The comments my students come up with in class are really insightful, they’re respectful of each other and build on each other’s ideas; they’re just all-around amazing. I love teaching.
Second day of teaching today, and it was magical. Students were laughing, blurting out answers, completely engaged. And I think it’s going to keep getting better, the more I do it. I’m still working on the balance between bombarding them with too much stuff and not having enough to fill the time, but I’m switching more and more over to writing activities and discussion, so I think that’ll give everyone a chance to mull things over a bit before we charge onward.
The main issue for me is that, control freak though I am, I have to give up a lot of control to get the dynamic I want, where things flow organically from discussion and where the ideas are coming from them, not from me. It’s a lesson I wish I’d learned a long time ago, but better late than never.
Putting together my syllabus for Beginning Creative Writing. Even though the training we did for teaching was just last fall, it feels so distant; I need to review everything and remind myself of what all the shorthand means that I assumed I’d never forget. There’s this odd thing with time, too: it feels simultaneously like there’s way too much time, not enough material to fill the scheduled days, and like there’s too little time, like I’m going to be bombarding the students with lectures without enough time to really stretch out and let them try this stuff for themselves. (Do we really need two days to go over the concept of ‘show, don’t tell’? Is one day enough to go over all traditional Western and non-Western poetic forms?) What this means is, instead of quickly organizing lesson plans I and my classmates had already prepared and jotting down a grading rubric, I’m cutting some lesson plans in two, removing others entirely, planning every minute of a 15-week course and praying it all comes together, with some alternate lesson plans in case I end up a day ahead of schedule.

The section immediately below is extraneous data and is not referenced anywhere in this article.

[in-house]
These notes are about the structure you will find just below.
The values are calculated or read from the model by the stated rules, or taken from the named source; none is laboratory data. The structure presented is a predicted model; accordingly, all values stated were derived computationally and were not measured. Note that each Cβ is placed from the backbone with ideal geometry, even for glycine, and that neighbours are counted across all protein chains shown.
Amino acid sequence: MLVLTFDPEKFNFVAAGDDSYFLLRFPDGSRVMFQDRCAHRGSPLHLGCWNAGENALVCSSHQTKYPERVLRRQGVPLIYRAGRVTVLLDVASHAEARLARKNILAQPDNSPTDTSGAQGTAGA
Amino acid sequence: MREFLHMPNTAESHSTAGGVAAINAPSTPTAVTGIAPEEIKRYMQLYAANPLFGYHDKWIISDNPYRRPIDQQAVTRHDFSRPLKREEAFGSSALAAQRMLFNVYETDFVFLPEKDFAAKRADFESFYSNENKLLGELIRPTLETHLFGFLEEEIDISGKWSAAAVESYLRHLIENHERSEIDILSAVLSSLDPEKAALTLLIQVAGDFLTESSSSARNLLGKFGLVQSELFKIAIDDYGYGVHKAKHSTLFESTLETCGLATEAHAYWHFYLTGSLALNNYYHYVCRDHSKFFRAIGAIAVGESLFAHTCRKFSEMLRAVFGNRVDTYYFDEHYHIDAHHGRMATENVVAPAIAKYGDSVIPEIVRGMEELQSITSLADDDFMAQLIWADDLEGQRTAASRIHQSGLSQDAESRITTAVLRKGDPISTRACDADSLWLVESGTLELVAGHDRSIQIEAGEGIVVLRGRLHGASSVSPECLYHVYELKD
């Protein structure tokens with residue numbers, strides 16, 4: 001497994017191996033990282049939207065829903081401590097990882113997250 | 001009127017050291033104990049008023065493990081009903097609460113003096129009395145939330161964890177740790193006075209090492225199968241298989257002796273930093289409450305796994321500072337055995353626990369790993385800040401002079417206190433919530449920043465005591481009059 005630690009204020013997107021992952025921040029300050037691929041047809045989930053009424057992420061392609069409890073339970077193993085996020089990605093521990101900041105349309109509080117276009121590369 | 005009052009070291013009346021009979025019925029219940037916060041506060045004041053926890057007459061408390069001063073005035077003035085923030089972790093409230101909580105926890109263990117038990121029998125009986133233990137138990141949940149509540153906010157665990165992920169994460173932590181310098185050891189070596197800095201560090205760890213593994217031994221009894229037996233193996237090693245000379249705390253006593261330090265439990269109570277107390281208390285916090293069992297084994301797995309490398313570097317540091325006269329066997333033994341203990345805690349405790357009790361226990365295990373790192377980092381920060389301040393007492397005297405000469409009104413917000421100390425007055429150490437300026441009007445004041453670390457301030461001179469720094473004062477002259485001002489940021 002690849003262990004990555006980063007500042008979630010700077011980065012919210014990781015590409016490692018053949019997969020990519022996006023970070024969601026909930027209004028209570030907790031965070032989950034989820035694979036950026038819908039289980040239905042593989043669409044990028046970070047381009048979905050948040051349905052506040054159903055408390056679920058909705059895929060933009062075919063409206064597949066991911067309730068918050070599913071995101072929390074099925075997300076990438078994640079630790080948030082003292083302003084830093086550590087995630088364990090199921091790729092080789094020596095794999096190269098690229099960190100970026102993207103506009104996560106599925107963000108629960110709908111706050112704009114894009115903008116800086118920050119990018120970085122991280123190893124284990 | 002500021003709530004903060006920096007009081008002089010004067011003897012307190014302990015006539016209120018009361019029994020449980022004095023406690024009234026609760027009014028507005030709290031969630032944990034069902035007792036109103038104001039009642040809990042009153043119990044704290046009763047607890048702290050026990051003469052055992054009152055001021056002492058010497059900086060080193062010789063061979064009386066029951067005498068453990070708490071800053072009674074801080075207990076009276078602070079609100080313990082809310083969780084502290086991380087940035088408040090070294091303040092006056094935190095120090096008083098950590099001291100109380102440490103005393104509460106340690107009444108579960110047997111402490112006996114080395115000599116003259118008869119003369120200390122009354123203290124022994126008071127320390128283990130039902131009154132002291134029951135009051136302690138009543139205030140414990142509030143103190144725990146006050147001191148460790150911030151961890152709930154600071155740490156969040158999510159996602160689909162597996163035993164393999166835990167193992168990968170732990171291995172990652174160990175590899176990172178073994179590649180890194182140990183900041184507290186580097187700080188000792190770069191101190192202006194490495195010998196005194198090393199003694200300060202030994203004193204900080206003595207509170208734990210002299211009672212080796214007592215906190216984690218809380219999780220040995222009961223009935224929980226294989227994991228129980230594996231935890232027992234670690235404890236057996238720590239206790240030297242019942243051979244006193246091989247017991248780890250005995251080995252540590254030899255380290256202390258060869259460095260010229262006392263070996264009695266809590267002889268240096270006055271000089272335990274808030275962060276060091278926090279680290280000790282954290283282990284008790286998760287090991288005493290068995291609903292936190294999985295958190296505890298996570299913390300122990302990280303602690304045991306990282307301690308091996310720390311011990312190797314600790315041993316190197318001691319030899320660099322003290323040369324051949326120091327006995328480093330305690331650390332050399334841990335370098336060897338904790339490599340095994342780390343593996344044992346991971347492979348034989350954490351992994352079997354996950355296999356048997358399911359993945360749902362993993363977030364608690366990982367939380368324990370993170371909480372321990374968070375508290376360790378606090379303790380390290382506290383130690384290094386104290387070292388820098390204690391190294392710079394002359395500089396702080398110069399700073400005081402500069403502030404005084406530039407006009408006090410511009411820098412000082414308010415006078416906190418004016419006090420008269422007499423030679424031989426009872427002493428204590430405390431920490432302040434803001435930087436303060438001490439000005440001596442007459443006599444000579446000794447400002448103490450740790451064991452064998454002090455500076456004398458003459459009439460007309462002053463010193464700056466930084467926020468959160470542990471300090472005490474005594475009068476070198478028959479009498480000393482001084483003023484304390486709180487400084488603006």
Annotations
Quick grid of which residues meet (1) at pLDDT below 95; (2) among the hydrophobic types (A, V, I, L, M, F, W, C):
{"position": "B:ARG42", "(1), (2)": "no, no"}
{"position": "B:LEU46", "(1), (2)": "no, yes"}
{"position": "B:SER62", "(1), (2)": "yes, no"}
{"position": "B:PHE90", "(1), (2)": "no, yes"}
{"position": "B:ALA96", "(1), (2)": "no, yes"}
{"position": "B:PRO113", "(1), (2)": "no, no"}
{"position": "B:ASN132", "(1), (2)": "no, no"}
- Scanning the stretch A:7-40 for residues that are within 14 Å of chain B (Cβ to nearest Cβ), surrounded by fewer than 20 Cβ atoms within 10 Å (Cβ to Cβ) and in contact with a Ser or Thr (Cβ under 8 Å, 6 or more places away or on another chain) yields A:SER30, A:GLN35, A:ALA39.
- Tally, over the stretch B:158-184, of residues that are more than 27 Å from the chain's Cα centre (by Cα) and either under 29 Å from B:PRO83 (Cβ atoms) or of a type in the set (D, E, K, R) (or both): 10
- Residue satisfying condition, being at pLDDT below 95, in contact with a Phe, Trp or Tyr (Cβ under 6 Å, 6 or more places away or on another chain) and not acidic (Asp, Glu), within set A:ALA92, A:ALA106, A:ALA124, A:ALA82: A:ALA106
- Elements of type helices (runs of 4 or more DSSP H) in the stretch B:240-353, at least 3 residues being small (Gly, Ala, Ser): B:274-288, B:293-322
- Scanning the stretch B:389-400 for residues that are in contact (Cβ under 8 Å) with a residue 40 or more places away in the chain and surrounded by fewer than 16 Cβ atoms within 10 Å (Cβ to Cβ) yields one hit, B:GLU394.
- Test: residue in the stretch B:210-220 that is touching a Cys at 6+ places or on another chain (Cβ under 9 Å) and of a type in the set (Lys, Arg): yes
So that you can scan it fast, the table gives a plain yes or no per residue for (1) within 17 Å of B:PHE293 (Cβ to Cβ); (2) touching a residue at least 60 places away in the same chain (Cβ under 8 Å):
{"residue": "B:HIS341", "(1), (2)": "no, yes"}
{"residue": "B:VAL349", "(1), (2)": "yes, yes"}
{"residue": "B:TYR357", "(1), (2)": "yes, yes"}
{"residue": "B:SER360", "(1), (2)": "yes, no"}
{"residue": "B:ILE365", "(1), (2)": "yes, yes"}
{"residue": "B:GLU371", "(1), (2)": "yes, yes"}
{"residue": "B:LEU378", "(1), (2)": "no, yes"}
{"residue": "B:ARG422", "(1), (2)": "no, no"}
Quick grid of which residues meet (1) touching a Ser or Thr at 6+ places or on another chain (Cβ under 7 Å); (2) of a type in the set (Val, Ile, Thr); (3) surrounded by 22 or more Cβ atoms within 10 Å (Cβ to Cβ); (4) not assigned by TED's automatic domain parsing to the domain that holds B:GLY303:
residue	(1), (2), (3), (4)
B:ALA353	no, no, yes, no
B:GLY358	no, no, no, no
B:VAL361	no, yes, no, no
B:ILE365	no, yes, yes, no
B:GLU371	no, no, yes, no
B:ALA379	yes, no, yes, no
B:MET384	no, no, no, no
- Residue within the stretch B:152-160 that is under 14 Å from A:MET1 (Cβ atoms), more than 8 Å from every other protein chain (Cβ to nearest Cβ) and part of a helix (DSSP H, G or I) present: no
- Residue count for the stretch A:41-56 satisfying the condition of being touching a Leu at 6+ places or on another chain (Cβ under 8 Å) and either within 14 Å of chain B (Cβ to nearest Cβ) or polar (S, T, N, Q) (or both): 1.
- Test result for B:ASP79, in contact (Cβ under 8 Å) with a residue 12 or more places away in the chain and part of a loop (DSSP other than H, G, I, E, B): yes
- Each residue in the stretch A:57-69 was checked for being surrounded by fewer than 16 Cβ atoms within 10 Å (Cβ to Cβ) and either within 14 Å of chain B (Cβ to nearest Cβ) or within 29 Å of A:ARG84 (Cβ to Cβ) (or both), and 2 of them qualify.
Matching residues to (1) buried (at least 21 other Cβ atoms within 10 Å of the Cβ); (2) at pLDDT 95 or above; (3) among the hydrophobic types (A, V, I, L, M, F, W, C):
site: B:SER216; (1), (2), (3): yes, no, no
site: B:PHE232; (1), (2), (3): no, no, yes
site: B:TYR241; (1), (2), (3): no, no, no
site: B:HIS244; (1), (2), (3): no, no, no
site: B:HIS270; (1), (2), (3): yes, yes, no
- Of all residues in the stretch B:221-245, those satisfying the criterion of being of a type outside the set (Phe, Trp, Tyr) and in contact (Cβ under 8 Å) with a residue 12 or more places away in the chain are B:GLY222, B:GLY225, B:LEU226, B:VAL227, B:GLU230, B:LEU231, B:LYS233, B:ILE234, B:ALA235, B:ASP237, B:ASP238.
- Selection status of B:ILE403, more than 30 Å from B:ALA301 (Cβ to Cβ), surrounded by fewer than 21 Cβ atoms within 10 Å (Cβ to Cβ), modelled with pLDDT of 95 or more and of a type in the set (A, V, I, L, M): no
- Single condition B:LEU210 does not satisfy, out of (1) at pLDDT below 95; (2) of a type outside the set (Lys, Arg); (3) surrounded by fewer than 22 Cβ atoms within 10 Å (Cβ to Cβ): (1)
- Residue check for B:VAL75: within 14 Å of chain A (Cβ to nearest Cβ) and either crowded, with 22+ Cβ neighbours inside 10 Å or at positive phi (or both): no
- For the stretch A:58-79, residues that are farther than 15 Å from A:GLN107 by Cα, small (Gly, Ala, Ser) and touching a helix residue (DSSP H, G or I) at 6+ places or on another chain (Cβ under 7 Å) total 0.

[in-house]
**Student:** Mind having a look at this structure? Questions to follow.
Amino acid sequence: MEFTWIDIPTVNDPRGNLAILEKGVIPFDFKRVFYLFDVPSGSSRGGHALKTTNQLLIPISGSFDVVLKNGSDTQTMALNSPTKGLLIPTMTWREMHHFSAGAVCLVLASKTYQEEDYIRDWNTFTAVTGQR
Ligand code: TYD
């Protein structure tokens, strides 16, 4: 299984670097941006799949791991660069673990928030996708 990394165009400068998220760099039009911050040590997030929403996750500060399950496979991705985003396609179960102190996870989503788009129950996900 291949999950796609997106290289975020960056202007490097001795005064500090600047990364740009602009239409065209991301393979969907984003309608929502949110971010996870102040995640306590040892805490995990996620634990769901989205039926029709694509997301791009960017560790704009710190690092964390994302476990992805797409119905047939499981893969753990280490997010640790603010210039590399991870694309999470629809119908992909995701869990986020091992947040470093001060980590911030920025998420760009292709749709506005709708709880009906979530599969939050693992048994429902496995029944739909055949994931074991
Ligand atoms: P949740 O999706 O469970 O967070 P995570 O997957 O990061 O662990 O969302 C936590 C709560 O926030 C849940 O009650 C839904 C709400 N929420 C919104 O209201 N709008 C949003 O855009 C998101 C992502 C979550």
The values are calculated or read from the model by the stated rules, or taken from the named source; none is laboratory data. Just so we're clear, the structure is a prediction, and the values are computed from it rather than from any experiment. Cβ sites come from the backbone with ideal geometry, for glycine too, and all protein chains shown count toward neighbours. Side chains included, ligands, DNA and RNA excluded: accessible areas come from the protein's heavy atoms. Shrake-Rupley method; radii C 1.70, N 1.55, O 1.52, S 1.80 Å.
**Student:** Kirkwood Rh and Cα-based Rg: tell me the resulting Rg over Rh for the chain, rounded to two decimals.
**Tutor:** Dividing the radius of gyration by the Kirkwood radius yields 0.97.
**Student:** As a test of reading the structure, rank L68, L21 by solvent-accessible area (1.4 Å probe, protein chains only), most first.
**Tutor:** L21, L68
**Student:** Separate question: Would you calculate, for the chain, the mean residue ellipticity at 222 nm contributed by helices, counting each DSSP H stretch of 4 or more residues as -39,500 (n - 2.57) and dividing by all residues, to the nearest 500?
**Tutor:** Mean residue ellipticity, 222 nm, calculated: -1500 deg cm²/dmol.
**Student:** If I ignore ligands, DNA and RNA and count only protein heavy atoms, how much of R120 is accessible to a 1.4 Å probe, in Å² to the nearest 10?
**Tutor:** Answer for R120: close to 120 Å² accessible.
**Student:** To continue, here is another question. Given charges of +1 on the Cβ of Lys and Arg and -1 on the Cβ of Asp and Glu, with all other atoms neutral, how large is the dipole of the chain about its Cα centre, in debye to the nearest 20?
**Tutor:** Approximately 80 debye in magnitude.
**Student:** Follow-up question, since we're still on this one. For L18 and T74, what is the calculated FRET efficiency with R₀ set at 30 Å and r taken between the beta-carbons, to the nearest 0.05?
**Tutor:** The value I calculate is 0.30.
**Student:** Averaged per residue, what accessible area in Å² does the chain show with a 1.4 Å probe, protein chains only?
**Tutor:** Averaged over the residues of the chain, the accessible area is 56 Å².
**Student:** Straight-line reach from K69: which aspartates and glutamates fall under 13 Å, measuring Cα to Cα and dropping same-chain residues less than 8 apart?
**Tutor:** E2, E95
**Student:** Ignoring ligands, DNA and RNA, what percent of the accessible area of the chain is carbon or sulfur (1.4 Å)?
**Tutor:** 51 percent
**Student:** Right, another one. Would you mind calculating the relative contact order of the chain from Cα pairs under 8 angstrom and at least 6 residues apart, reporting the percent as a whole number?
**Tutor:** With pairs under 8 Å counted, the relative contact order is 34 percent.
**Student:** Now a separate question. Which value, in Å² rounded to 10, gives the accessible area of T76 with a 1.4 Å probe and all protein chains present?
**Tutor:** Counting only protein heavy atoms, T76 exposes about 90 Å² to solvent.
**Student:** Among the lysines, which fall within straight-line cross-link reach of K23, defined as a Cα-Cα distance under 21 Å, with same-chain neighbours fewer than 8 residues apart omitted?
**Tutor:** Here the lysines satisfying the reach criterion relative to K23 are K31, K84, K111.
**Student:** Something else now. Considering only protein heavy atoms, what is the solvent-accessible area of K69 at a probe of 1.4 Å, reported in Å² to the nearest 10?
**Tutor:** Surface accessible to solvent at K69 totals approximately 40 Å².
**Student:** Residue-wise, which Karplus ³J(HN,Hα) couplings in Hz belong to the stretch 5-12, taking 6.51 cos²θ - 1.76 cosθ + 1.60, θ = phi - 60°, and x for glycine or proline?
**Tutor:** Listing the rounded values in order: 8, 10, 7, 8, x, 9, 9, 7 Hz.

The main thing I realized last night, though, is I need to get out of my own way. It’s not about me perfectly controlling every moment, or teaching the students every last detail, because even if I could do those things, they wouldn’t be good for helping the students find their own voices and beginning a practice of growing and changing as writers over a lifetime. I need to make sure they leave with as much or more enthusiasm for writing than when they entered, and hopefully with some good tools for their toolbox. I had some problematic early writing teachers who were the reason I didn’t major in English in college despite the fact that I was already working hard to become a professional writer. Above all, I want to make sure these students have a better experience than I ever had.